Apaches Review: A Shallow Thriller Hindered by Clichés and Lackluster Execution

Romain Quirot’s Apaches presents a promising premise: a young woman seeking vengeance against a criminal clan that took her brother’s life. With a plot that promises intrigue, suspense, and a touch of psychological depth, the film had the potential to captivate its audience. However, despite its intriguing setup and a few standout performances, Apaches falls short in delivering a satisfying cinematic experience due to its reliance on clichés, underdeveloped characters, and inconsistent pacing.

At its core, Apaches follows Billie (Alice Isaaz), a young woman consumed by grief and vengeance after her brother’s murder by a ruthless criminal clan. The plot’s foundation is strong, providing a solid launching pad for tension and character development. Unfortunately, the film struggles to capitalize on this potential. Billie’s plan to infiltrate the criminal clan and eliminate its members one by one should have led to a suspenseful cat-and-mouse game, but the execution feels superficial and formulaic. The narrative lacks the complexity needed to fully engage the viewer, settling for a straightforward revenge story with minimal surprises.

The Good:

Apaches (2023).

The characters of Apaches hold promise but suffer from inadequate development. Alice Isaaz as Billie shows glimpses of emotional depth and determination, but the screenplay limits her character to a one-dimensional avenger. Her motivations are clear, but the lack of internal conflict or moral ambiguity makes it difficult to truly empathize with her journey. Niels Schneider as Jésus, the clan’s enigmatic leader, brings a magnetic presence to the screen, but his character remains shrouded in mystery, with only fleeting moments of insight into his psyche. Rod Paradot as Polly is equally underutilized, relegated to a stereotypical sidekick role that fails to explore his potential.

While Apaches struggles with character development, it manages to salvage some appeal through the performances of its cast. Alice Isaaz’s portrayal of Billie effectively captures her determination and anger, even if the script limits her emotional range. Niels Schneider’s enigmatic portrayal of Jésus lends the film an air of intrigue, and his charismatic presence elevates several scenes. Rod Paradot as Polly injects occasional moments of levity, showcasing chemistry with Isaaz. However, the lack of chemistry between the characters overall hampers the film’s ability to convey the complex relationships that should be at the heart of this revenge tale.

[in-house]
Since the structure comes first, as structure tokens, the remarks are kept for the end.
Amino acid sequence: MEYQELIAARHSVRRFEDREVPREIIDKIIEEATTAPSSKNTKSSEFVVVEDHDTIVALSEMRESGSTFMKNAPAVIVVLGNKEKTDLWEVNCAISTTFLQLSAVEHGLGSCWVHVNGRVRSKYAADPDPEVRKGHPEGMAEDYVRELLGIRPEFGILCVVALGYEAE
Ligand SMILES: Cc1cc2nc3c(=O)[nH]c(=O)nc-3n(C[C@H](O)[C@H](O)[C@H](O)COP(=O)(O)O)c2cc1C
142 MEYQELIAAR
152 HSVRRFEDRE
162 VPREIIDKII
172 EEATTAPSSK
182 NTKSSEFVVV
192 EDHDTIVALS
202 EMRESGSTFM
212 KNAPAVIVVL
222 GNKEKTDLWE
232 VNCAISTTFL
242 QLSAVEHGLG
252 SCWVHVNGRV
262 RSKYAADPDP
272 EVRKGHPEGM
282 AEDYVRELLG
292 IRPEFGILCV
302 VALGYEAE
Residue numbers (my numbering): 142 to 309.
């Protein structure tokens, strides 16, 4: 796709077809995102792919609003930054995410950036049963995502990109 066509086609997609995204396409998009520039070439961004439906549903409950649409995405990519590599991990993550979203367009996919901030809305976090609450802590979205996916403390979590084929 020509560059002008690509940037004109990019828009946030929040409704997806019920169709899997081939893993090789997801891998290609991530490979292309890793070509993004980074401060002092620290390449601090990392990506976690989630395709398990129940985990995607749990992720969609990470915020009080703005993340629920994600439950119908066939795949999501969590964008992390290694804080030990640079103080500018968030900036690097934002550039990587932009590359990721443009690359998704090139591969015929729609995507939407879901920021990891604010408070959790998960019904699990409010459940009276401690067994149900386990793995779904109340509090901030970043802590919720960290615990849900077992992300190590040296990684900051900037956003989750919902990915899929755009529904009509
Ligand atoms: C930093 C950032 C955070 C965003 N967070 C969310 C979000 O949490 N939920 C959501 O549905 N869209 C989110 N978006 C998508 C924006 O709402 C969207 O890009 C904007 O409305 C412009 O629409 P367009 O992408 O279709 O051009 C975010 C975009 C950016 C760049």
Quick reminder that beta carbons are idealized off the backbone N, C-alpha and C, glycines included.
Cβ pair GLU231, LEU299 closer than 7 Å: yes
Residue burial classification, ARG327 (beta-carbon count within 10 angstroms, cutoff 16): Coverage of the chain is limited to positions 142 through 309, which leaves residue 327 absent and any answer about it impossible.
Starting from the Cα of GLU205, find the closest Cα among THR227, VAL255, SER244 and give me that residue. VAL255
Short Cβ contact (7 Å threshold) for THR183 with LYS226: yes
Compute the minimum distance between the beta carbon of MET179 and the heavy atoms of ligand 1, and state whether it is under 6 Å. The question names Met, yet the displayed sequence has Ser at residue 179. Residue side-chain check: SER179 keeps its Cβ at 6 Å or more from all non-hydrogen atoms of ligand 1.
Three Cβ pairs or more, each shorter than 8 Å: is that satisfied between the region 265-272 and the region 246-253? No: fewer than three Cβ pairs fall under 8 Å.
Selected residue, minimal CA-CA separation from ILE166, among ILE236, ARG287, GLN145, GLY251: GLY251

The Bad:

Apaches (2023).

Romain Quirot’s direction brings a certain visual flair to Apaches, but it struggles to compensate for the film’s shortcomings. The use of color and lighting, particularly in scenes depicting the criminal underworld, adds a gritty atmosphere that suits the narrative. However, the pacing feels uneven, with moments of intense action abruptly giving way to slower, less engaging sequences. The film’s attempts at suspense often fall flat, as the predictable plot twists and lack of genuine surprises undermine the tension Quirot aims to build. While the film’s visual style offers some appeal, it’s not enough to fully immerse the audience in the world or story.


Apaches presents a potentially gripping revenge tale with an intriguing premise and a cast capable of delivering compelling performances. Unfortunately, the film struggles with underdeveloped characters, a predictable plot, and inconsistent pacing that hinder its ability to fully engage the audience. While Alice Isaaz, Niels Schneider, and Rod Paradot manage to shine individually, their characters’ interactions lack the chemistry and depth needed to truly captivate. Romain Quirot’s direction brings moments of visual flair, but it’s not enough to salvage the film from its reliance on clichés and lackluster execution.

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Apaches Review: A Shallow Thriller Hindered by Clichés and Lackluster Execution
  • Acting - 6.5/10
  • Cinematography/Visual Effects - 5/10
  • Plot/Screenplay - 4/10
  • Setting/Theme - 4/10
  • Watchability - 6/10
  • Rewatchability - 5/10
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About Caillou Pettis

Caillou Pettis is a professional film critic and journalist as well as the author of While You Sleep, The Inspiring World of Horror: The Movies That Influenced Generations, and co-author of Out of Time: True Paranormal Encounters. He has been writing in the entertainment industry for over seven and a half years professionally. Throughout the years, he has written articles for publications including Gold Derby, Exclaim!, CBR, Awards Radar, Awards Watch, Flickering Myth, BRWC, Starburst Magazine, Punch Drunk Critics, Mediaversity Reviews, Vinyl Chapters, Northern Transmissions, and Beats Per Minute.